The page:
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Rickets
Rickets
Rickets
is a condition that results in weak or soft bones in children.[1] Symptoms include bowed legs, stunted growth, bone pain, large forehead, and trouble sleeping.[1][2] Complications may include bone fractures, muscle spasms, an abnormally curved spine, or intellectual disability.[1][2] The most common cause is vitamin D deficiency.[1] This can result from eating a diet without enough vitamin D, dark skin, too little sun exposure, exclusive breastfeeding without vitamin D supplementation, celiac disease, and certain genetic conditions.[1][2] Other factors may include not enough calcium or phosphorus.[4][3] The underlying mechanism in
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Radiograph
Radiography
Radiography
is an imaging technique using X-rays
X-rays
to view the internal form of an object. To create the image, a beam of X-rays, a form of electromagnetic radiation, are produced by an X-ray
X-ray
generator and are projected toward the object. A certain amount of X-ray
X-ray
is absorbed by the object, dependent on its density and structural composition. The X-rays
X-rays
that pass through the object are captured behind the object by a detector (either photographic film or a digital detector). The generation of flat two dimensional images by this technique is called projectional radiography
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1st Century
The 1st century
1st century
was the century that lasted from AD 1
AD 1
to AD 100 according to the Julian calendar. It is often written as the 1st century AD[1] or 1st century
1st century
CE to distinguish it from the 1st century BC (or BCE) which preceded it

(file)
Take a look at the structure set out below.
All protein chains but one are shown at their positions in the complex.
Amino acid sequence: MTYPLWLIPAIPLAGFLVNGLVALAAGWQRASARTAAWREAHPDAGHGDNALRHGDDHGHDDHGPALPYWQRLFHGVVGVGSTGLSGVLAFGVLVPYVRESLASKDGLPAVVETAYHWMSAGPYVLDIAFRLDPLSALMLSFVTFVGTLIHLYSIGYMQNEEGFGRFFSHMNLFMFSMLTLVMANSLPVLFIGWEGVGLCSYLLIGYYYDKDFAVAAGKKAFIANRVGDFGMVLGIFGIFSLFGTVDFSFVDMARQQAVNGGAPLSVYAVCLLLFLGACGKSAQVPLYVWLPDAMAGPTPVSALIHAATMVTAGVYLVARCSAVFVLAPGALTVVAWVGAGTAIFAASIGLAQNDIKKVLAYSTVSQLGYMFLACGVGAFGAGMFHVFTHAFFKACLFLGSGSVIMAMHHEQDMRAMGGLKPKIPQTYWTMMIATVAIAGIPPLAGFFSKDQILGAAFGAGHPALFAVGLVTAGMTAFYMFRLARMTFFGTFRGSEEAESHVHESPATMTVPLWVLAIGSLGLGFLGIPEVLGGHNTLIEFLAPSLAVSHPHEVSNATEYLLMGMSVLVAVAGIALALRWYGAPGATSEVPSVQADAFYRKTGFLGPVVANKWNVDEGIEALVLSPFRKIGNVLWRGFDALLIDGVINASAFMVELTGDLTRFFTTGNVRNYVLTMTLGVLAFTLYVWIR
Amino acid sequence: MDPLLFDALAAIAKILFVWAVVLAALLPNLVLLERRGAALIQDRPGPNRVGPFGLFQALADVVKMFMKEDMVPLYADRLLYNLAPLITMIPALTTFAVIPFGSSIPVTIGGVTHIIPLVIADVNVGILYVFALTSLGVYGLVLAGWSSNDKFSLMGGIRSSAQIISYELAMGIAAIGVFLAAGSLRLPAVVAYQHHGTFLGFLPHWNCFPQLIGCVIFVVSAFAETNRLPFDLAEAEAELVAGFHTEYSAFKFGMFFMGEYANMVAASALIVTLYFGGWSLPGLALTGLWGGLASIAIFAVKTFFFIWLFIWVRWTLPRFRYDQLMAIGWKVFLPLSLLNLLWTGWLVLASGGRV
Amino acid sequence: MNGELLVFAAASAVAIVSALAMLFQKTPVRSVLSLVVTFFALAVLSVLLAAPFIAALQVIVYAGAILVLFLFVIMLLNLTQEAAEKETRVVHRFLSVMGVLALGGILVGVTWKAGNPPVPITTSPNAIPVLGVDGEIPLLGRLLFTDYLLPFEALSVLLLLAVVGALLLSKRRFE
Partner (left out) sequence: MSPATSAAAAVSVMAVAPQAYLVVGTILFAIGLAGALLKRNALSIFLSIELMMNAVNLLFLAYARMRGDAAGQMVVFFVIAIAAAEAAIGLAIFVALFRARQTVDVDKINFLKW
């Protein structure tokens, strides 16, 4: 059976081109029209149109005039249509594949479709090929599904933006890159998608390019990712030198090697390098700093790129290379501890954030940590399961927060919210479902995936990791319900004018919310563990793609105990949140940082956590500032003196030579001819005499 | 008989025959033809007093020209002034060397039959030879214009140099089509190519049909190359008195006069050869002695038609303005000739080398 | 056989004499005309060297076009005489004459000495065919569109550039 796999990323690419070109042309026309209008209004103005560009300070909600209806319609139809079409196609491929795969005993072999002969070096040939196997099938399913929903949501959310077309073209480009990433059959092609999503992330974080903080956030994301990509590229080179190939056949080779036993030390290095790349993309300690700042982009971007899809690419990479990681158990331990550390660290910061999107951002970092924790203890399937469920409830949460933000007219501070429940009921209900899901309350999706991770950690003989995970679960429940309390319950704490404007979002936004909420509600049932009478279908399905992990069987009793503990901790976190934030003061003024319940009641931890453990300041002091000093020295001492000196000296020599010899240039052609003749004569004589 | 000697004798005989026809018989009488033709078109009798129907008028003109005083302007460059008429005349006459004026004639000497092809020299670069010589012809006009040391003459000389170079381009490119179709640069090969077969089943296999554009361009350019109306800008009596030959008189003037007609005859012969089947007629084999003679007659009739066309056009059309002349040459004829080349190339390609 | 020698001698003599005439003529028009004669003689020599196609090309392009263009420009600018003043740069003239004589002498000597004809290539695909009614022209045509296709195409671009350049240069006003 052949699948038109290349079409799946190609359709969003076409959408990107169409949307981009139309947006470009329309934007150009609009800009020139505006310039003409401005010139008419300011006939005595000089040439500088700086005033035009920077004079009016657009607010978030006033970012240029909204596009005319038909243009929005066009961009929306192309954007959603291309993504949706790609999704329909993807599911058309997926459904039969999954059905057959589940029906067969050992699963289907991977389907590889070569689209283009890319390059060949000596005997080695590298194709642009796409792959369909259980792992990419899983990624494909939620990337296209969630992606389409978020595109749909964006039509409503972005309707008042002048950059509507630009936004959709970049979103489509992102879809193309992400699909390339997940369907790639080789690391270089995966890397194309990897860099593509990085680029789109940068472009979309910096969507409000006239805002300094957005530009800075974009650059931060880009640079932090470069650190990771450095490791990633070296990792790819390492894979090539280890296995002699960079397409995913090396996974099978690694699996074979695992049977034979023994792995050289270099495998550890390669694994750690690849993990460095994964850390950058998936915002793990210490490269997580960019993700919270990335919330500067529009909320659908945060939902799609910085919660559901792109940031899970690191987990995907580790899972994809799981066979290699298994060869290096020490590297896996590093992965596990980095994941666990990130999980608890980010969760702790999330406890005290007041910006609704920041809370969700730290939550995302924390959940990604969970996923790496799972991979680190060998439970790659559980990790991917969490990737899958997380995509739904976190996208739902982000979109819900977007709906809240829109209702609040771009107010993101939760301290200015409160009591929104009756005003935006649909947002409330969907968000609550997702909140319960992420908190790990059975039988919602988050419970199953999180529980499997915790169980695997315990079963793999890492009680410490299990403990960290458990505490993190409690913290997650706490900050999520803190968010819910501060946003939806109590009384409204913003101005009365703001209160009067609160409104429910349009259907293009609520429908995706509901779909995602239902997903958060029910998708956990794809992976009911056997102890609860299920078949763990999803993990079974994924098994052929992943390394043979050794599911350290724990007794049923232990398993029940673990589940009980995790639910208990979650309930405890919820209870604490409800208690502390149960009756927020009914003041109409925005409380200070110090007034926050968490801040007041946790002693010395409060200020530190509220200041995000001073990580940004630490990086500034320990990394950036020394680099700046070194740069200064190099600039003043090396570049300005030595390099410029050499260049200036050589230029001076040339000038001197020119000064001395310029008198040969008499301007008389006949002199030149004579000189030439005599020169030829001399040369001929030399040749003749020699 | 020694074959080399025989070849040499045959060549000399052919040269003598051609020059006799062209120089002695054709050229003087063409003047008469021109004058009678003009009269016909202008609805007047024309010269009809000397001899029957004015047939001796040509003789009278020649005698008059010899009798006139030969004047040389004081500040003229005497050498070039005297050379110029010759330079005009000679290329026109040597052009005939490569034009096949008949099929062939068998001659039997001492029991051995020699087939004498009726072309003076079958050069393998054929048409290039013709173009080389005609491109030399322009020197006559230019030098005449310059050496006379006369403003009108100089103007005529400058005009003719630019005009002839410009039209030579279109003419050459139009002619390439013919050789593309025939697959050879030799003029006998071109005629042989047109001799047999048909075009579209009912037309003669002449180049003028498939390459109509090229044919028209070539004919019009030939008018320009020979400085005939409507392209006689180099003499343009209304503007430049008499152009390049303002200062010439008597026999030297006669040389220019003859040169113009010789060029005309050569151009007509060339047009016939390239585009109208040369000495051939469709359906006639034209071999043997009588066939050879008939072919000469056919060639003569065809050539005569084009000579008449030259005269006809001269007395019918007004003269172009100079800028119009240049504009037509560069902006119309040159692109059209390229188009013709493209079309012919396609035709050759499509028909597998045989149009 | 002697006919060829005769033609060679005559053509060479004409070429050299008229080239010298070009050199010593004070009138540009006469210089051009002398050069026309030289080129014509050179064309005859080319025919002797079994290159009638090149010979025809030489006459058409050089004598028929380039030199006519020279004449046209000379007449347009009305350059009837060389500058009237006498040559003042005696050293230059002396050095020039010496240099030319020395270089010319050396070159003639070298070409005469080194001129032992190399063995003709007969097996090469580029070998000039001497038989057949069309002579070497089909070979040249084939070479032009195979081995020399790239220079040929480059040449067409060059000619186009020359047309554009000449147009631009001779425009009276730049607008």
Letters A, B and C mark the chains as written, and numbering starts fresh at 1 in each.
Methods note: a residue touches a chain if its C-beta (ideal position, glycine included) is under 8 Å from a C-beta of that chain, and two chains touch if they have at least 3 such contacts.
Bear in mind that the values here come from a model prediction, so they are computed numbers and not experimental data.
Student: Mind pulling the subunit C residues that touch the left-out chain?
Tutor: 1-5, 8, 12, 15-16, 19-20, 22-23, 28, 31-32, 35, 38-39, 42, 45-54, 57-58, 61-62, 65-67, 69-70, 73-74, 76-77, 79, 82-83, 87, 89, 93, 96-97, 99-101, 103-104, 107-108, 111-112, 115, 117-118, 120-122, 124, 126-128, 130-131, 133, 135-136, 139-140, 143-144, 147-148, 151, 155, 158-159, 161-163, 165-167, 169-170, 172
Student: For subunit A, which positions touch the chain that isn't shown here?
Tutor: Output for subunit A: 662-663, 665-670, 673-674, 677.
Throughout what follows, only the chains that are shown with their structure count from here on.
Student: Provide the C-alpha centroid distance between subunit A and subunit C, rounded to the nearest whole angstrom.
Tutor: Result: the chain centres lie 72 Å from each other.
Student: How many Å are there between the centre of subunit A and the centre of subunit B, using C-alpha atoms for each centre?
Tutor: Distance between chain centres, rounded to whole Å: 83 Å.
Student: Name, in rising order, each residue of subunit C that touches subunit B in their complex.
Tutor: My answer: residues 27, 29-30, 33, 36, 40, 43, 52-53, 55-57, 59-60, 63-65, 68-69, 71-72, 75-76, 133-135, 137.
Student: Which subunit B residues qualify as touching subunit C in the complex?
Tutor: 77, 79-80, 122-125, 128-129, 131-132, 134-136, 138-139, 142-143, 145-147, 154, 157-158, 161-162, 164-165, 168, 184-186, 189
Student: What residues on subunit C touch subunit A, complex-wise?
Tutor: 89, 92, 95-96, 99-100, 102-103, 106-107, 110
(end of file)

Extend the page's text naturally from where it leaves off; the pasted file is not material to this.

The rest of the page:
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Lowe Syndrome
Oculocerebrorenal syndrome
Oculocerebrorenal syndrome
(also called Lowe syndrome) is a rare X-linked
X-linked
recessive disorder characterized by congenital cataracts, hypotonia, intellectual disability, proximal tubular acidosis, aminoaciduria, and low-molecular-weight proteinuria
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Bones
A bone is a rigid organ that constitutes part of the vertebrate skeleton. Bones support and protect the various organs of the body, produce red and white blood cells, store minerals, provide structure and support for the body, and enable mobility. Bones come in a variety of shapes and sizes and have a complex internal and external structure. They are lightweight yet strong and hard, and serve multiple functions. Bone
Bone
tissue (osseous tissue) is a hard tissue, a type of dense connective tissue. It has a honeycomb-like matrix internally, which helps to give the bone rigidity. Bone
Bone
tissue is made up of different types of bone cells. Osteoblasts and osteocytes are involved in the formation and mineralization of bone; osteoclasts are involved in the resorption of bone tissue. Modified (flattened) osteoblasts become the lining cells that form a protective layer on the bone surface
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Phosphorus
Phosphorus
Phosphorus
is a chemical element with symbol P and atomic number 15. As an element, phosphorus exists in two major forms, white phosphorus and red phosphorus, but because it is highly reactive, phosphorus is never found as a free element on Earth. With a concentration of 0.099%, phosphorus is the most abundant pnictogen in the Earth's crust. Other than a few exceptions, minerals containing phosphorus are in the maximally oxidized state as inorganic phosphate rocks. The first form of elemental phosphorus that was produced (white phosphorus, in 1669) emits a faint glow when exposed to oxygen – hence the name, taken from Greek mythology, Φωσφόρος meaning "light-bearer" (Latin Lucifer), referring to the "Morning Star", the planet Venus